Why Ski Towns Are Booming in the Current Real Estate Market
Alpine meccas like Aspen, Vail, and Lake Tahoe are attracting a fresh crop of deep-pocketed buyers
With panoramic mountain vistas and abundant fresh air, traditional ski destinations across the country boomed during the early months of the pandemic, especially Aspen, Telluride, and Lake Tahoe, luring a record number of space-starved city dwellers who were no longer tethered to their office jobs. “I would describe the season as a whirlwind,” says Douglas Elliman’s Riley Warwick, one of the top agents in Aspen. “It’s been exceptionally busy—we’ve had ten showings a day, back to back to back.”
COVID-19’s uneven impact on the market has exasperated brokers across the country, but in traditional wintertime retreats, the effect has been seismic. “I’ve never seen Tahoe as busy,” says Jeff Hamilton, a Sotheby’s International Realty broker and an Olympic medal skier. “The primary thing I’m seeing in buyers is urgency. They are looking for something move-in ready.”
As a result, such communities have seen inventories plummet—even at the very top of the market—and prices spike, while the length of time listings sit unsold has tightened considerably. But potential buyers who missed the summer rush might not be left out in the cold. “There are still good opportunities,” says Ron Byrne, who runs a boutique brokerage in Vail, Colorado, “just not as many.”
But before rushing into an impulse buy, someone interested in these types of enclaves should assess their utilization pattern. “Do they prefer summers or winters?” asks Hamilton. “How do they envision their mountain lifestyle?” The answers will narrow the search considerably, particularly for those into winter sports. The most prized type of property for snow enthusiasts is referred to as “ski in, ski out,” which means it features direct access to recreational trails—no car needed.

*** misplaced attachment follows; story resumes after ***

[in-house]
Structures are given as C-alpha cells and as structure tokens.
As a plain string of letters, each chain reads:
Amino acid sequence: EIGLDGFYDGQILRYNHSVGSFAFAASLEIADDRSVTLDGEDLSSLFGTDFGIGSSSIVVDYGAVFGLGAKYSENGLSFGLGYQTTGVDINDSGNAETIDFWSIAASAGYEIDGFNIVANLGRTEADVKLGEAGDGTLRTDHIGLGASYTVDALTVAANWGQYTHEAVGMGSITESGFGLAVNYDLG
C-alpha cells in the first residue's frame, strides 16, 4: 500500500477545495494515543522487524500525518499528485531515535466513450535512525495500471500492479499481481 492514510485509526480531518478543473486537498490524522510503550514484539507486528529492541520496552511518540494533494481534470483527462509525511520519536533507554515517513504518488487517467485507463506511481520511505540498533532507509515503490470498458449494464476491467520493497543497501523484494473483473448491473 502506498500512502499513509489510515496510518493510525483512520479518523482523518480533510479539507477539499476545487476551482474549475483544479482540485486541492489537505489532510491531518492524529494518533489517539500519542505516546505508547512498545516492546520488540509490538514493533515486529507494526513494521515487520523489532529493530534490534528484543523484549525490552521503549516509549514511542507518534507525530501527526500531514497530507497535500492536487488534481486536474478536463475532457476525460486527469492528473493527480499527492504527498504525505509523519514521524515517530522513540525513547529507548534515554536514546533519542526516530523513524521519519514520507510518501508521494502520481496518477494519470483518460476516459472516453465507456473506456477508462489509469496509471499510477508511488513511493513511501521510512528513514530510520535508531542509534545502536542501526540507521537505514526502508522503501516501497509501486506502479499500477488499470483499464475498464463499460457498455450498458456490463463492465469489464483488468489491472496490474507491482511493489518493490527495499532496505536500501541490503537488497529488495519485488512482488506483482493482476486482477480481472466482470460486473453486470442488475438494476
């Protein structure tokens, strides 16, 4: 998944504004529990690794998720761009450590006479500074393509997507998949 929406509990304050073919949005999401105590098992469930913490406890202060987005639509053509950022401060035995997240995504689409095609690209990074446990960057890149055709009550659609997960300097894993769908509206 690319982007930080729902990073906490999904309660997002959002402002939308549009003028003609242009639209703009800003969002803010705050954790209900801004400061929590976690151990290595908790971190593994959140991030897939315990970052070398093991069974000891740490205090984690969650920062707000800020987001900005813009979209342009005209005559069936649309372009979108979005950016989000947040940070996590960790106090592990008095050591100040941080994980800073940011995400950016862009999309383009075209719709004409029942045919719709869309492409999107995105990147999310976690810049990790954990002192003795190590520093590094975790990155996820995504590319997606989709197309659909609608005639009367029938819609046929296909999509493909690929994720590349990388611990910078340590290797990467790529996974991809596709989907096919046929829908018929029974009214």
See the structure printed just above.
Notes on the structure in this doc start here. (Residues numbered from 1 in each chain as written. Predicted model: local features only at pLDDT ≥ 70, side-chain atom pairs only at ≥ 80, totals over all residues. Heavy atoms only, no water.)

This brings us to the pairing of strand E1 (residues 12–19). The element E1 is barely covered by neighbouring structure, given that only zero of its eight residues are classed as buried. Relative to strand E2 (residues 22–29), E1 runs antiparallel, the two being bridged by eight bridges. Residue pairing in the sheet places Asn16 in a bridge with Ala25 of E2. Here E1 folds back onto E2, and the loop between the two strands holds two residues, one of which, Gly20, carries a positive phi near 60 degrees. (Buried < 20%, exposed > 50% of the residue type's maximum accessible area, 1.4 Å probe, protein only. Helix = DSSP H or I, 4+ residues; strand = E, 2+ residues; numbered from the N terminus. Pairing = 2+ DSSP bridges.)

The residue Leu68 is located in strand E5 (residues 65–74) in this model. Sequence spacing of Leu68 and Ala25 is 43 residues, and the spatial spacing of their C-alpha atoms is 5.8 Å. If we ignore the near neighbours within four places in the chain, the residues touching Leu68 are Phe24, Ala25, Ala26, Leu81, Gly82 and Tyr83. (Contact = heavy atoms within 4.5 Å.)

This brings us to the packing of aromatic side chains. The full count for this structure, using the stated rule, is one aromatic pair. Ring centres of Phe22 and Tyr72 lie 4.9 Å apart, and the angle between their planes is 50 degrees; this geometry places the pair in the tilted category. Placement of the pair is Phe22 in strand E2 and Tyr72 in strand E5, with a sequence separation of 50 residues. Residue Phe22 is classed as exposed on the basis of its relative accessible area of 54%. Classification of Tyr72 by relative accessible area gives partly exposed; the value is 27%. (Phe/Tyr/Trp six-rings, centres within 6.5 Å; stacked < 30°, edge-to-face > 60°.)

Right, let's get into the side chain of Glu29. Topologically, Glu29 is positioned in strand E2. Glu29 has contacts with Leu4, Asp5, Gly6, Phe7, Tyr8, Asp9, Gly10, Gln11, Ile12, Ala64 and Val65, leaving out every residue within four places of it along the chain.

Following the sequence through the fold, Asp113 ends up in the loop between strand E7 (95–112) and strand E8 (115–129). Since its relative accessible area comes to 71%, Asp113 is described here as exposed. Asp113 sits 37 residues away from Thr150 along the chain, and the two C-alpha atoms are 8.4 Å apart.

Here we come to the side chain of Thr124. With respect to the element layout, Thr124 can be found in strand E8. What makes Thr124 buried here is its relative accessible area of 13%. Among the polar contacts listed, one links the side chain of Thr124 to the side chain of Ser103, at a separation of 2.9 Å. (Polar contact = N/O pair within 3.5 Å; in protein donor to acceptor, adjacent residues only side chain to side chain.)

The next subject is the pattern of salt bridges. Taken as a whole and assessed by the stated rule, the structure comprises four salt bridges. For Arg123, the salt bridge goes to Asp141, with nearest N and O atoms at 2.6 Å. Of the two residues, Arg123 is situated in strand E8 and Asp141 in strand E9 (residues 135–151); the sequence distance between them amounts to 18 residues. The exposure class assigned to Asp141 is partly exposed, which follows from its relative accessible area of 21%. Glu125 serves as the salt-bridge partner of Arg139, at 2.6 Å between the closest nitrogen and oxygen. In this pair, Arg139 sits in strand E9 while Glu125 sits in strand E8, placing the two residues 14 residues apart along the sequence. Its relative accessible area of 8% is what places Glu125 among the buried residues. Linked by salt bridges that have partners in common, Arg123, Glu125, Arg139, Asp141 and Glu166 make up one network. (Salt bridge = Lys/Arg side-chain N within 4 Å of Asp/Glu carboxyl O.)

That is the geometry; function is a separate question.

Hard-core adventurers take the lifestyle a step further, paying a premium to reside in a “snowbound village” like Lake Tahoe’s Sugar Bowl Resort, which is not reachable by car and requires a gondola or a snowcat to access. Such dwellings offer “more of a raw and not pampered experience that’s hard to buy,” says Hamilton. “They are fantastic, and you get to enjoy the added element of being without a car.”
While most high-end houses are built to withstand extremely cold climates, prospective buyers may find it beneficial to inquire about a few unfamiliar perks, including whether driveways and roofs are heated. “One thing you want to think about is snowmelt,” says Warwick. “The radiant-heat driveways mean you don’t have to shovel, which is a big thing—not all homes have that.”
Summer buyers, attracted to a wealth of outdoor activities and events (Aspen’s ArtCrush, for instance), are increasingly sticking around through what had previously been considered shoulder season, which typically starts in September. “This year we have had full traffic through October,” notes Byrne of Vail.
New residents expecting a post–New Year’s ebb, however, should think again. “They need to be ready for how busy it gets in wintertime,” says Warwick, citing Aspen’s world-class shopping, international social scene, and marquee events like Wintersköl, a Nordic-style seasonal celebration taking place mid-January. “Prepare to fall in love with it.”
A version of this article first appeared in print in our 2020 Winter issue under the headline “Peak Season.” Subscribe to the magazine.